REFLECTION ON THE 26TH SUNDAY IN ORDINARY TIME
THEME: DECISION MUST LEAD TO ACTION
DATE: 28TH SEPTEMBER, 2008
Last week, we reflected on the fact that those who seek the Lord with all their hearts will find him. It does not matter who you are.
The wicked man would be saved, if he turned from his evil ways. The true penitent is a true believer. None of his former transgressions shall be mentioned unto him, but in the righteousness which he has done, as the fruit of faith and the effect of conversion, he shall surely live. The question is not whether the truly righteous ever become apostates. It is certain that many who for a time were thought to be righteous, do so. Sin is forgiven, it is blotted out, it is remembered no more. In their righteousness they shall live; not for their righteousness, as if that were atonement for their sins, but in their righteousness, which is one of the blessings purchased by the Mediator. In verse 28 is the beginning and progress of repentance. True believers watch and pray, and continue to the end, and they are saved. In all our disputes with God, he is in the right, and we are in the wrong.
The second reading admonishes us to live our lives for others. Indeed, this is the true meaning of our calling; true and authentic Christianity. Do nothing out of selfish ambition but in humility regard others as better than yourselves.
The example of our Lord Jesus Christ is set before us. We must resemble him in his life, if we would have the benefit of his death. Notice the two natures of Christ; his Divine nature, and human nature. Who being in the form of God, partaking the Divine nature, as the eternal and only-begotten Son of God, John 1:1, had not thought it a robbery to be equal with God, and to receive Divine worship from men. His human nature; herein he became like us in all things except sin. Thus low, of his own will, he stooped from the glory he had with the Father before the world was. Christ's two states, of humiliation and exaltation, are noticed. Christ not only took upon him the likeness and fashion, or form of a man, but of one in a low state; not appearing in splendour. His whole life was a life of poverty and suffering. But the lowest step was his dying the death of the cross, the death of a malefactor and a slave; exposed to public hatred and scorn. The exaltation was of Christ's human nature, in union with the Divine. At the name of Jesus, not the mere sound of the word, but the authority of Jesus, all should pay solemn homage. It is to the glory of God the Father, to confess that Jesus Christ is Lord; for it is his will, that all men should honour the Son as they honour the Father, John 5:23. Here we see such motives to self-denying love as nothing else can supply. Do we thus love and obey the Son of God?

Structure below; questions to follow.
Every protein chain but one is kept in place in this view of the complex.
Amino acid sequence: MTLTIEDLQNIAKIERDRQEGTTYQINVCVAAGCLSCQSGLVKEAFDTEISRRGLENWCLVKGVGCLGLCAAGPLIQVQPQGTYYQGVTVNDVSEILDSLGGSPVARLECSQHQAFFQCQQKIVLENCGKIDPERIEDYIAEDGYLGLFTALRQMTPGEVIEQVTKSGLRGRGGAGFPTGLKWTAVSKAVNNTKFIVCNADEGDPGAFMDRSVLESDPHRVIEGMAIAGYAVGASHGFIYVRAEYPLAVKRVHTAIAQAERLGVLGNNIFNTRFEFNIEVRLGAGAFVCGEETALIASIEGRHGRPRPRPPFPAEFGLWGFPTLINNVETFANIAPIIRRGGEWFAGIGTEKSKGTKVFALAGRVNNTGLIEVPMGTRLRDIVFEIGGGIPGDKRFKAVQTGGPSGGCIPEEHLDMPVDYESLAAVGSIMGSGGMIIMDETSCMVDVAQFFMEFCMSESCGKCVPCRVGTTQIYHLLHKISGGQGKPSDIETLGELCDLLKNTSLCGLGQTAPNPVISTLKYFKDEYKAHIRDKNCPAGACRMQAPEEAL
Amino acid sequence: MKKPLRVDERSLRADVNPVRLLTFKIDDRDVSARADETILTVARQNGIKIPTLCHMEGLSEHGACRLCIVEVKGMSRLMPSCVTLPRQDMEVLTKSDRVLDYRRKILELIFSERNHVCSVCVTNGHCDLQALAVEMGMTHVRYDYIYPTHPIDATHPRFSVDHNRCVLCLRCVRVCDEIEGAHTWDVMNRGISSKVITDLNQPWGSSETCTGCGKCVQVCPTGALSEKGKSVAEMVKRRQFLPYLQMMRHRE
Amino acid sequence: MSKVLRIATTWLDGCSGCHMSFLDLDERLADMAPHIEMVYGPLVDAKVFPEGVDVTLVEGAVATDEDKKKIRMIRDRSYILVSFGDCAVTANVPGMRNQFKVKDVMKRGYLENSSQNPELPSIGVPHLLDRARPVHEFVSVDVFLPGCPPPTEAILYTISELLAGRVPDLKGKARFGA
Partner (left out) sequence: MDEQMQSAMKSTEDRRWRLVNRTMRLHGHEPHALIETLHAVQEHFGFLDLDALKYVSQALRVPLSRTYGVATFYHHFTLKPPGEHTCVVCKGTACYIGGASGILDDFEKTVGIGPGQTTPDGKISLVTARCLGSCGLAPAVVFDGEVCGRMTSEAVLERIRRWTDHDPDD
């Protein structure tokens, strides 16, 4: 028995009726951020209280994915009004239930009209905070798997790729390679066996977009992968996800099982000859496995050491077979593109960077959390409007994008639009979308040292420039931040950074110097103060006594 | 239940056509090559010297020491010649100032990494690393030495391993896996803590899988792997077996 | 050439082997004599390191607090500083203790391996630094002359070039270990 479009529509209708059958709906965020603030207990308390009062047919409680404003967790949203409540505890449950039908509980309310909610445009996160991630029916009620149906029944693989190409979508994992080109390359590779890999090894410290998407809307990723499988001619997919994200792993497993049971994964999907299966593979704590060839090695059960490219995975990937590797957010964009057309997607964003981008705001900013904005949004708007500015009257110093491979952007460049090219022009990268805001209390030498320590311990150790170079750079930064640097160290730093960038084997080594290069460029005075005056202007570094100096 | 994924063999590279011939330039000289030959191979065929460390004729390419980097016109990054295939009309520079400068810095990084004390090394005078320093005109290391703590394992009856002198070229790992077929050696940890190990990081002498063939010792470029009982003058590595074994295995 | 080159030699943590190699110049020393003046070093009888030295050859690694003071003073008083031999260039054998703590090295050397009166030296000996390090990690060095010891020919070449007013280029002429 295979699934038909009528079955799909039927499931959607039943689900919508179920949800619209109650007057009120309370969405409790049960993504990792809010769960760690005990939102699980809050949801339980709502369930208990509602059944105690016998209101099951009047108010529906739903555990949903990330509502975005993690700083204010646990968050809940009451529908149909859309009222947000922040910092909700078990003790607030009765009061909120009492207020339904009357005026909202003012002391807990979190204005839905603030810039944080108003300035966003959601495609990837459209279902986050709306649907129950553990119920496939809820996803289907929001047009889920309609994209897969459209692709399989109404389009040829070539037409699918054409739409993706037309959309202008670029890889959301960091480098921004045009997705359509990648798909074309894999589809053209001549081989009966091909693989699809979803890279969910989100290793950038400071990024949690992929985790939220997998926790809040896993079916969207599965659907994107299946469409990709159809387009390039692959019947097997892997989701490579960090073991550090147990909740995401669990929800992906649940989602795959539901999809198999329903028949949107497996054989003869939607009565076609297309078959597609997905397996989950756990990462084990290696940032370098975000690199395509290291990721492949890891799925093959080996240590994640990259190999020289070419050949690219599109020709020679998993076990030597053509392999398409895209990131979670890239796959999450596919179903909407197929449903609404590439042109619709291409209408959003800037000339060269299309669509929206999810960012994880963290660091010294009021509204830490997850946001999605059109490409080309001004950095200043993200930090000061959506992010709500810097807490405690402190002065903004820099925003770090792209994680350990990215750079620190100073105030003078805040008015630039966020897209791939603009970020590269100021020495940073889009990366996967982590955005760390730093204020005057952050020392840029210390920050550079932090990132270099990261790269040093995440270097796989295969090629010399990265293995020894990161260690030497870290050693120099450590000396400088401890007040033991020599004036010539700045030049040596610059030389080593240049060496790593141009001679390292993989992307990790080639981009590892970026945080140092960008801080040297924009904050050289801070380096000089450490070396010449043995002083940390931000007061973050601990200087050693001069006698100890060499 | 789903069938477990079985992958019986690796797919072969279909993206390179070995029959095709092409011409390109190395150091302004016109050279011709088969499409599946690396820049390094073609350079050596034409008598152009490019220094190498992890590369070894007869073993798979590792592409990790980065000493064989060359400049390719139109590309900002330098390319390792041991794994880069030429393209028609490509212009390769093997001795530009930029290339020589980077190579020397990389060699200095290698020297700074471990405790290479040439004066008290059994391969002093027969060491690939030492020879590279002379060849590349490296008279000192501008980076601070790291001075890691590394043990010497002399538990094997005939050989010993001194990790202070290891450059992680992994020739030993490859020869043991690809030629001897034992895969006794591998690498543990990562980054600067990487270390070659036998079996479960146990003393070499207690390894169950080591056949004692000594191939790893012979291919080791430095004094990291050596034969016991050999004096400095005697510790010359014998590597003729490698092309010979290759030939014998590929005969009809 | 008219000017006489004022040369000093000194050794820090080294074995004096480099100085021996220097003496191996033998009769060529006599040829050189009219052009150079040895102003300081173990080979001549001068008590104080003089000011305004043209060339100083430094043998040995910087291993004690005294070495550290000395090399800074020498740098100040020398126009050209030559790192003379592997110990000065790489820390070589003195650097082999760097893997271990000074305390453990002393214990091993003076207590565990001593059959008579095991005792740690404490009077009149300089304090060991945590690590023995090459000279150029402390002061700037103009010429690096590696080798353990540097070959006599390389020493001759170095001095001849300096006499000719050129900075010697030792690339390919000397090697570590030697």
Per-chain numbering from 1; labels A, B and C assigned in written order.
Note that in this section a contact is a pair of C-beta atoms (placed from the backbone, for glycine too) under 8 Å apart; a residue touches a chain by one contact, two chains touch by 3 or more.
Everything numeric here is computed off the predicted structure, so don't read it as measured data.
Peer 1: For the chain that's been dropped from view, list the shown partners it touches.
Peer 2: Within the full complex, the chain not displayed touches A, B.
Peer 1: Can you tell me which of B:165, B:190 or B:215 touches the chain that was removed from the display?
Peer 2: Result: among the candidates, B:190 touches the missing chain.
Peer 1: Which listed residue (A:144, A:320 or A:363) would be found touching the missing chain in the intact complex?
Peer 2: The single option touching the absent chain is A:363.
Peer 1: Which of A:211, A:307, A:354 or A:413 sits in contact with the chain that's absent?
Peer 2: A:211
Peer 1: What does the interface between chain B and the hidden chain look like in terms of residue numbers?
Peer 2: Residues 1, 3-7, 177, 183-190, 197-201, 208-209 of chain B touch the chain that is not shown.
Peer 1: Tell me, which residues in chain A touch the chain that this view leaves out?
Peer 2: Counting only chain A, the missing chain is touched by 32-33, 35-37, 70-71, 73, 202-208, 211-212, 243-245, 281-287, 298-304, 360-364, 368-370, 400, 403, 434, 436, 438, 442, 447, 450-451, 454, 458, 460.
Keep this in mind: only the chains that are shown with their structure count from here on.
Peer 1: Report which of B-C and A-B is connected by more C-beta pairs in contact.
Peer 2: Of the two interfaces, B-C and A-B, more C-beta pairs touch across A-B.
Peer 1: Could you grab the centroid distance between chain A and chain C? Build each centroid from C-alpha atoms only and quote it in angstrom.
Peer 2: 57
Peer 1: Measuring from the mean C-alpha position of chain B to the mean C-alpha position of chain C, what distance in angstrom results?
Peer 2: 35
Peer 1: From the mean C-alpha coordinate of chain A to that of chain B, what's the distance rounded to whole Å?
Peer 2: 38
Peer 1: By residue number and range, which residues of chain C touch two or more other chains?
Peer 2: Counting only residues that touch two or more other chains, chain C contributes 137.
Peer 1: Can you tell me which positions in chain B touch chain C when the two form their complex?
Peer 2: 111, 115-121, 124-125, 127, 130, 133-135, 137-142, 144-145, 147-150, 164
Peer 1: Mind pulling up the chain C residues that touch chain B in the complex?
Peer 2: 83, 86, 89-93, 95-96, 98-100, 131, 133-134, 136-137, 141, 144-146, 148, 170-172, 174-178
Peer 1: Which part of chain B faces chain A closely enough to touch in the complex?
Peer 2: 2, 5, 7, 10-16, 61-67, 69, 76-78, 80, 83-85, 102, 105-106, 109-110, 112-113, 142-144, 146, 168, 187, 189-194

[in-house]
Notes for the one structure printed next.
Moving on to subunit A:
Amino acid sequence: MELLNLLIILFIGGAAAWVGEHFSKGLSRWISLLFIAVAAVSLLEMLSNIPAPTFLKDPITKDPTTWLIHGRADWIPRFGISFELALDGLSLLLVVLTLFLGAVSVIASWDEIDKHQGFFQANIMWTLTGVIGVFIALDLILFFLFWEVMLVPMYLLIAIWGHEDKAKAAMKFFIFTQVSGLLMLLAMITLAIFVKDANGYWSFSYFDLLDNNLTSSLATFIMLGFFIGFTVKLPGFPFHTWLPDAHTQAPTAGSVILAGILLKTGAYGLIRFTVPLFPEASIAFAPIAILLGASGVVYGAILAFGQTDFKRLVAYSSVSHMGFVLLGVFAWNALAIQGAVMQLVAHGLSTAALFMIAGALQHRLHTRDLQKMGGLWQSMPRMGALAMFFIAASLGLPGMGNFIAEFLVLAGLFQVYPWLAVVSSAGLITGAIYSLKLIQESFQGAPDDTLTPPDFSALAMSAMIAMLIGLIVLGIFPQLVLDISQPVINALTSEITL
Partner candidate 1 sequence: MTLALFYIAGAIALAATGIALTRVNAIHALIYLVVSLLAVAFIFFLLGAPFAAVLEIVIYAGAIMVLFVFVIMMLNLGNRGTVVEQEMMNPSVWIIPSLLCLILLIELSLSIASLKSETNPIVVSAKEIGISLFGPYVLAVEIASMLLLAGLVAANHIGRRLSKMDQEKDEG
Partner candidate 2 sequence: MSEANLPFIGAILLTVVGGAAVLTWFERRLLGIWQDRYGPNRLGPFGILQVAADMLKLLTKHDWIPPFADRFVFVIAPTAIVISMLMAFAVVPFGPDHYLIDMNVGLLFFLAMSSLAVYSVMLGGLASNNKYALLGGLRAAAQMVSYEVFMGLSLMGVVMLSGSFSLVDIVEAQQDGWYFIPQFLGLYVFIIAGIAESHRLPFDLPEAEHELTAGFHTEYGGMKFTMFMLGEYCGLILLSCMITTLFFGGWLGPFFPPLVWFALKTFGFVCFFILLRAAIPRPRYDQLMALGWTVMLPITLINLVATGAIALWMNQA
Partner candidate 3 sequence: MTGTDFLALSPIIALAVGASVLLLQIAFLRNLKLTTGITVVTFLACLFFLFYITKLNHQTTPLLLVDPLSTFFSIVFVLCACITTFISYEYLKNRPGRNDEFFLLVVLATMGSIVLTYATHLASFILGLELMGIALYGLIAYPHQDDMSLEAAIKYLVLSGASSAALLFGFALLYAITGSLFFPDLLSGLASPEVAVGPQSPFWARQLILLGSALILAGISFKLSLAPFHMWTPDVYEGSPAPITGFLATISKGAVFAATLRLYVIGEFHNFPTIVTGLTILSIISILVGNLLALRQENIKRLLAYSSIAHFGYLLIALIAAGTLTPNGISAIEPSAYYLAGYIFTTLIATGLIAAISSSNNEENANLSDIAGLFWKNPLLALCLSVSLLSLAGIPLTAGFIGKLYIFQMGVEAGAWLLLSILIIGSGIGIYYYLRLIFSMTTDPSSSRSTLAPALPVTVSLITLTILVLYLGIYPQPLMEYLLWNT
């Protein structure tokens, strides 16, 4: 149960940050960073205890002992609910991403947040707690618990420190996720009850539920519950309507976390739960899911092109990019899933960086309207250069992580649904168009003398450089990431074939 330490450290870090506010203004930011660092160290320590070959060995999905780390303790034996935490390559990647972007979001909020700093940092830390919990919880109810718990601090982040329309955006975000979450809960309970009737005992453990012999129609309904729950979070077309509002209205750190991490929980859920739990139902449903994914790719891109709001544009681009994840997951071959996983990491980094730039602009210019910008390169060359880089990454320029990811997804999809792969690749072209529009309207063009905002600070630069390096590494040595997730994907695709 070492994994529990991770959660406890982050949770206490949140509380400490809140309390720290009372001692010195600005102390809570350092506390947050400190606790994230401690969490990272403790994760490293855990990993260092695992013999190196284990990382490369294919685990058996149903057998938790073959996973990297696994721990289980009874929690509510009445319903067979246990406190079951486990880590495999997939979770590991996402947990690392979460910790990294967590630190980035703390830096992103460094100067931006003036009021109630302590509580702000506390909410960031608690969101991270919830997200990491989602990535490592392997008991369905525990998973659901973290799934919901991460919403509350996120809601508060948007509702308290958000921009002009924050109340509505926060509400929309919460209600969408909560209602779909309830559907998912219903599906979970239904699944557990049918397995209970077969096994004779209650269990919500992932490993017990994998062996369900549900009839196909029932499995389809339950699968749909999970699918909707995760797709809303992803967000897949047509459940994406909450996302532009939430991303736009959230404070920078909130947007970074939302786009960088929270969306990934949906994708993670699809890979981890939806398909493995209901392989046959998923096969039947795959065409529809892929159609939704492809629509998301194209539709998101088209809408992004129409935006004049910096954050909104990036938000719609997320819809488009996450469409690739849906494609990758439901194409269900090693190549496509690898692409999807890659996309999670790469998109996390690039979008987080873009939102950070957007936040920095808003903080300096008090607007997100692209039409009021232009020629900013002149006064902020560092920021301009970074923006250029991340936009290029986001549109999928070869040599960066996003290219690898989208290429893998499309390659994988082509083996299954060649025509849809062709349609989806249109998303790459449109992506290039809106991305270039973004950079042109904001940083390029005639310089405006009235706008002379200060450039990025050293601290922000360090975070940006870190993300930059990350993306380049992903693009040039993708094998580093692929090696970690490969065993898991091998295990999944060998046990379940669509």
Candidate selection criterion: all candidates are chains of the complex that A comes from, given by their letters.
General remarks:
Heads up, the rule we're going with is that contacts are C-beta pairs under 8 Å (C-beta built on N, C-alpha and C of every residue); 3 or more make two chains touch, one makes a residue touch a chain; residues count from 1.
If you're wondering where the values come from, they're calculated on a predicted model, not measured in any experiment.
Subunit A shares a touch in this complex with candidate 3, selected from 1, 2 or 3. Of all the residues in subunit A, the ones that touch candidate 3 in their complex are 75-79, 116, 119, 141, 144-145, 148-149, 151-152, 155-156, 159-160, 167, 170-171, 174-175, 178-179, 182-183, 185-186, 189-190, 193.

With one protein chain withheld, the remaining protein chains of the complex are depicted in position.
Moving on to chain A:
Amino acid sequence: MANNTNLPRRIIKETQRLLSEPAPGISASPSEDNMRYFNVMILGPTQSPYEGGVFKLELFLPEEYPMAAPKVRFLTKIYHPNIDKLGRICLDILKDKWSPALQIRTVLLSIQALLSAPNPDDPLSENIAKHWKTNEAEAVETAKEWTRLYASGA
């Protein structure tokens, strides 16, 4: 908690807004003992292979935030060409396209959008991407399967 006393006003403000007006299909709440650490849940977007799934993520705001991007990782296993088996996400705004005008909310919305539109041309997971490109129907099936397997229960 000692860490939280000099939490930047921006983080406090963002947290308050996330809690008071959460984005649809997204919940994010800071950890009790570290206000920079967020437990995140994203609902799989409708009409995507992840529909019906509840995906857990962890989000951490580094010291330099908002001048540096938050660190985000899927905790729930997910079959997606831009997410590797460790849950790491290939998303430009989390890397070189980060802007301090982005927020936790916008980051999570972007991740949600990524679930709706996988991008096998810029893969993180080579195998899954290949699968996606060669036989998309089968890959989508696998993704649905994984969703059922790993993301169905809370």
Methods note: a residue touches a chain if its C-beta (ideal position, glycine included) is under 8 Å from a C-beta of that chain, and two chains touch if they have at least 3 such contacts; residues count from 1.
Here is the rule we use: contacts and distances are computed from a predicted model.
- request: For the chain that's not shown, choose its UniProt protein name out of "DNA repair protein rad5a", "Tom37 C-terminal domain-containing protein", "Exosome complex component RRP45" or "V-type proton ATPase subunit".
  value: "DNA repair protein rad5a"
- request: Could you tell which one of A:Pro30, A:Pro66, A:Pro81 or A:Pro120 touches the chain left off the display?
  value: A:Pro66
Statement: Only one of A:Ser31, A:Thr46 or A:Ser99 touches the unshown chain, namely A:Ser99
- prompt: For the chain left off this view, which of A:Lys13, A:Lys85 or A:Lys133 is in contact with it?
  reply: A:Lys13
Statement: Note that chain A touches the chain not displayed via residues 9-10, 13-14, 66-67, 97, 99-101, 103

The parable teaches us that promises can never take the place of performance and that fine words are never a substitute for good deeds. The son who said he would not go and did not go had all the outward marks of courtesy. In his answer, he called his father ‘sir’ with all respect. But a courtesy which does not get beyond words is a totally illusory thing. True courtesy is obedience willingly and graciously given. The parable also teaches us that a man can easily spoil a good thing by the way he does it. The Christian way is in performance and not promise and that the mark of a Christian is obedience, graciously given.
POINTS TO NOTE
The question is not whether the truly righteous ever become apostates.
In their righteousness they shall live; not for their righteousness, as if that were atonement for their sins, but in their righteousness, which is one of the blessings purchased by the Mediation.
What encouragement a repenting, returning sinner has to hope for pardon and live according to this promise (cf Hosea 11:1ff).
In verse 28 “When the sinner realizes what he is doing and stops sinning, he will certainly not die but he will live. This is the beginning and progress of repentance. True believers watch and pray, and continue to the end, and they are saved. In all our disputes with God, he is in the right, and we are in the wrong.
The second reading admonishes us to live our lives for others and consider others as better than ourselves. The master himself has given us an example of service by dying for us.
Tell the story of the five frogs who decided to jump into a nearby pool. Like the frog, many of us are still at the decision level in our quest to serve God. We must break camp and advance.
Christianity is not an opinion, neither is it words but it is Christ so says Pope John Paul ll
of blessed memory. In Christ we see the two sons find its fulfillment.